The Federal government appropriates billions for construction projects every year, and the planning cycle makes it impossible to nail down the exact scope of work during the project formulation or budgeting phase.  Recent and emerging cost data innovations such as predictive cost data, parametric cost models, AI-driven scoping tools and advanced program analytics can help better predict the cost of construction in the planning stage.  A healthy contingency is still required, but current and accurate cost data can help DOD and other Federal owners manage the costs associated with scope creep and better evaluate design options to avoid reprogramming by allowing all stakeholders to accurately understand potential tradeoffs — areas where the team might be able to save to accommodate the new direction.

DOD Construction Risk: Natural Disasters

The only things guaranteed to follow natural disasters are construction crews and the Weather Channel. There’s little to be done about the latter. As to the former, a single source of cost data truth is vital for supporting disaster recovery stakeholders, helping communities get back on their feet and making local governments whole, all while helping the Federal government act as good stewards of disaster funding.

But construction costs have the potential to be volatile as a significant program of recovery work is undertaken, especially in smaller or outlying areas.  Sometimes a higher-resolution view of costs is required.  For instance, the Federal Emergency Management Agency (FEMA) used a  recovery-specific cost database developed by Gordian to grant funds in the aftermath of Hurricanes Irma and Maria. Rather than rely on construction costs published before the storm, FEMA requested the cost engineers conduct research in Puerto Rico, St. Croix, St. Thomas and St. John to gather real-time information on material, labor and equipment costs. These on-the-ground insights, combined with rigorous research protocols resulted in a specialized database using industry standard RSMeans data construction costs.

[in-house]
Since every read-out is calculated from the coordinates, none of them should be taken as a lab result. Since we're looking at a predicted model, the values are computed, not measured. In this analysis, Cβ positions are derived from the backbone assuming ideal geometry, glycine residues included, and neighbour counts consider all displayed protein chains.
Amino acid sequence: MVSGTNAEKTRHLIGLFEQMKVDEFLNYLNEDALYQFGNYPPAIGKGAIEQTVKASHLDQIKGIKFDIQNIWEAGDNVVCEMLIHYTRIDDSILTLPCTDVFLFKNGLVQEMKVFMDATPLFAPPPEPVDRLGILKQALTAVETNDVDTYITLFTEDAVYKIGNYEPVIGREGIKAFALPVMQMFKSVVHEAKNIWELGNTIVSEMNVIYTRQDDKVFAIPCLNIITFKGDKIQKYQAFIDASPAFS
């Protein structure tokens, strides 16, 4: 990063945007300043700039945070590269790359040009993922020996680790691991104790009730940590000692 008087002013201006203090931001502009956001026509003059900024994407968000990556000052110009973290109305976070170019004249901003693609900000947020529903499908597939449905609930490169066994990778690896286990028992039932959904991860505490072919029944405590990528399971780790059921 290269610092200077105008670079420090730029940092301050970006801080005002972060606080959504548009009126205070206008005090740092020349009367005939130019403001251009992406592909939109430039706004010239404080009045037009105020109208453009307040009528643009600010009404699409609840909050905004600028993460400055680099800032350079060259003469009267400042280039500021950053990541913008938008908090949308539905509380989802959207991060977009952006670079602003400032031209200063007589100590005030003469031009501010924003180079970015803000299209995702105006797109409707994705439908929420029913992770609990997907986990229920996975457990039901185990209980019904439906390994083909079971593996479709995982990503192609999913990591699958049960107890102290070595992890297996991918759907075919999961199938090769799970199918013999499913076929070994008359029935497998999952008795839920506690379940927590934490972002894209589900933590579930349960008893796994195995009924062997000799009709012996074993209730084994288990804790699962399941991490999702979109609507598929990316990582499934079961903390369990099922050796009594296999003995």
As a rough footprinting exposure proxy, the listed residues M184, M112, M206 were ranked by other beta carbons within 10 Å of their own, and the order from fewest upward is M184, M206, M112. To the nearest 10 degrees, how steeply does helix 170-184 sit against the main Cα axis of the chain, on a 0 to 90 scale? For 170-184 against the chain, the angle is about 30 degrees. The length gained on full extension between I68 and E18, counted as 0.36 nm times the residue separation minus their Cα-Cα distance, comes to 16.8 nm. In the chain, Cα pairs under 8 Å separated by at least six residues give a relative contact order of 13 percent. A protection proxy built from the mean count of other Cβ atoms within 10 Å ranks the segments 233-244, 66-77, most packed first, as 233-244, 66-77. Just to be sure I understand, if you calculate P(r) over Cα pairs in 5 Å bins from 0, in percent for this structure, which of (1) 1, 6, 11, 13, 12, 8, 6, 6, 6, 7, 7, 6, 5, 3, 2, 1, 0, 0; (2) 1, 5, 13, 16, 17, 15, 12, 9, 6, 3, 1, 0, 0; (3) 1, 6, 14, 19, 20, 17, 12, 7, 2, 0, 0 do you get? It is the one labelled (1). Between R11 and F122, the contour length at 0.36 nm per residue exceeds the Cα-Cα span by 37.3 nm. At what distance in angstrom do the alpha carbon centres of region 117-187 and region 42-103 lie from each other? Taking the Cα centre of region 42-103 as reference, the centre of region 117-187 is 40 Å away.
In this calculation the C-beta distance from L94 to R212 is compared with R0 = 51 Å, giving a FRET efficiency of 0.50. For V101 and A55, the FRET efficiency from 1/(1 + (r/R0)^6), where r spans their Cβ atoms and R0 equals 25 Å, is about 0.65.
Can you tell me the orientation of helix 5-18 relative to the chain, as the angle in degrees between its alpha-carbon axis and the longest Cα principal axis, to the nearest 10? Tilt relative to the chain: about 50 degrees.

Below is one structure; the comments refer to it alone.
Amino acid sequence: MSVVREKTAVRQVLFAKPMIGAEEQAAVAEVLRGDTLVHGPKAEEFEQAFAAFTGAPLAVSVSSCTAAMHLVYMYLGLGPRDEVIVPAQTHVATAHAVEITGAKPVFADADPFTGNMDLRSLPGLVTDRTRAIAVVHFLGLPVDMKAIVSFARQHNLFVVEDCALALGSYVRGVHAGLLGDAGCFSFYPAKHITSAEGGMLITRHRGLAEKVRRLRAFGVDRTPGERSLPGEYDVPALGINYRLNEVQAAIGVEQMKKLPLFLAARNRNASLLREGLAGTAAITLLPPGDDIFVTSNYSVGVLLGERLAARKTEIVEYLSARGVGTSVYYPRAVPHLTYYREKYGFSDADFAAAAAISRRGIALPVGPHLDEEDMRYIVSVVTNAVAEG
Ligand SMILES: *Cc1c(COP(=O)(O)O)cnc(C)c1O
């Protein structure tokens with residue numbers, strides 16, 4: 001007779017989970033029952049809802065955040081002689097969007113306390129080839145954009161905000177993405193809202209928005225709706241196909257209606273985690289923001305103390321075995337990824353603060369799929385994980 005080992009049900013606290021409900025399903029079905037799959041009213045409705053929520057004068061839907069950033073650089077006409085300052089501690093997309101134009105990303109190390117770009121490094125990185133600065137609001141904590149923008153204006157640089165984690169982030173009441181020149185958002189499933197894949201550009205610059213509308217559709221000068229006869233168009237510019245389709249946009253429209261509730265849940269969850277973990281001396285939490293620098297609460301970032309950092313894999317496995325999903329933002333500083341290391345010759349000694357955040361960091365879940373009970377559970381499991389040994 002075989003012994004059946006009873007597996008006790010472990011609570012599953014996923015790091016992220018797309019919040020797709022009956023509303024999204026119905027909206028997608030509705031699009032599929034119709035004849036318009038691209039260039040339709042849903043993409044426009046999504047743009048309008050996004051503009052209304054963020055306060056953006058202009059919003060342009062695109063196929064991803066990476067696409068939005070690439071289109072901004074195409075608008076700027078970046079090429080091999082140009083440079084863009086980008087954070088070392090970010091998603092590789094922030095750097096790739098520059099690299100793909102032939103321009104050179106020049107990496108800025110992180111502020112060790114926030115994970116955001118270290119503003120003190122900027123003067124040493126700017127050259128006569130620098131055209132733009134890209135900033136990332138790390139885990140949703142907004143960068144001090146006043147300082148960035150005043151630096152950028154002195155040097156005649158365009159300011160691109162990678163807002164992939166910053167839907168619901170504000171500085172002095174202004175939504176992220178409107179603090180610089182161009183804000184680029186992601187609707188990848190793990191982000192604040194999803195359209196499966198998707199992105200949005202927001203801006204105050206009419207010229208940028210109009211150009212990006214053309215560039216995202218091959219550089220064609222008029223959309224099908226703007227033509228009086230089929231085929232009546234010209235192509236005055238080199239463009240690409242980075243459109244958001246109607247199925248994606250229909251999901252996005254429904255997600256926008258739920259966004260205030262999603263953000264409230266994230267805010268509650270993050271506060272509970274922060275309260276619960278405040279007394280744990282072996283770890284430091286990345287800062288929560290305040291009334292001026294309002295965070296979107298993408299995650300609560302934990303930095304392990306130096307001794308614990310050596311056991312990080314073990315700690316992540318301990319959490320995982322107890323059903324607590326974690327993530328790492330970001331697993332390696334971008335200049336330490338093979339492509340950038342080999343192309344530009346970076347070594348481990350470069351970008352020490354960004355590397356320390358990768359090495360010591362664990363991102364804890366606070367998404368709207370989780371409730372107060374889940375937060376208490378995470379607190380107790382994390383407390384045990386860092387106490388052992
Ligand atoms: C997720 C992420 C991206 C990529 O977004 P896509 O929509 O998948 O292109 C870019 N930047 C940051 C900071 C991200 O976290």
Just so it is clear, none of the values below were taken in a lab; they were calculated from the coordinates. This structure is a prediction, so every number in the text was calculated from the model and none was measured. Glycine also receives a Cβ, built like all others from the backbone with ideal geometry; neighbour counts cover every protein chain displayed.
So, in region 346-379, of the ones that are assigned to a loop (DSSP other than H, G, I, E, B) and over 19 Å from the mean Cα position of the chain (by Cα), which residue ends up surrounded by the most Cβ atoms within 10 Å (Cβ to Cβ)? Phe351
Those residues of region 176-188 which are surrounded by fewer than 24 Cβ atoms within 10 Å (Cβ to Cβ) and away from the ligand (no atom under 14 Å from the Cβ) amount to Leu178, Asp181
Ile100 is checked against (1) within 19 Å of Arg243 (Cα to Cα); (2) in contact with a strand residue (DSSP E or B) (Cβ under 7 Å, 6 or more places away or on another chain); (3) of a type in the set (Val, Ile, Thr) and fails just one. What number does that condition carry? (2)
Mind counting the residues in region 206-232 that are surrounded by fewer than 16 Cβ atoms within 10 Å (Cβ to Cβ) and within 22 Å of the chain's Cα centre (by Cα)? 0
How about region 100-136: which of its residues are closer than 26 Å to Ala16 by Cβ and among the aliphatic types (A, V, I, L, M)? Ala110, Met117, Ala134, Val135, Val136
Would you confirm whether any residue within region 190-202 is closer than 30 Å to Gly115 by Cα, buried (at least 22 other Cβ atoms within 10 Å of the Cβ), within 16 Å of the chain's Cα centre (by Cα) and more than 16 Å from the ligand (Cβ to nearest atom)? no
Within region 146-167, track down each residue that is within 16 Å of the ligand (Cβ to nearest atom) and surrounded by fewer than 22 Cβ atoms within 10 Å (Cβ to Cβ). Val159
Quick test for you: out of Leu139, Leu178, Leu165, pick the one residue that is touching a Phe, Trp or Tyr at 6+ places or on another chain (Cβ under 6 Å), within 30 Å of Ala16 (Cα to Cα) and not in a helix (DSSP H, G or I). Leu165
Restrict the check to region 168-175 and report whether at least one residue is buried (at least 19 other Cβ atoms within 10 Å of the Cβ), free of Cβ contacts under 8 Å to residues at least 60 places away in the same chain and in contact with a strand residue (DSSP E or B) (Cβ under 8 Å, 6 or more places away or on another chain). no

Possessing current construction costs gave FEMA the confidence to distribute the correct amount of aid to grantees. Similarly, current construction costs can help other Federal government agencies and departments, like those in the DOD, to be ready to react and recover should a natural disaster disrupt a construction project.

Current Construction Costs: Risk Deflater

Nothing can eliminate all financial risk of a construction project. But possessing current construction costs can deflate risk and at least partially nullify some of the Federal government’s most significant, most typical cost risks.

About Lisa Cooley, Vice President of Federal Solutions

Lisa Cooley serves Gordian as the Vice President of Federal Sales. Lisa leads a team seeking to solve the significant challenges Federal agencies face building and managing their facilities and infrastructure. Before Gordian, she founded and operated a women-owned general contracting firm focusing on public work, specifically Federal projects. Lisa worked as Manager of Strategic Development at Centennial Contractors, one of the largest national Job Order Contractors, and spent time as an independent JOC consultant to the public-sector. She was also the National Program Manager at RSMeans data (before it was acquired by Gordian). Lisa graduated from the University of Oklahoma where she studied art and architectural history.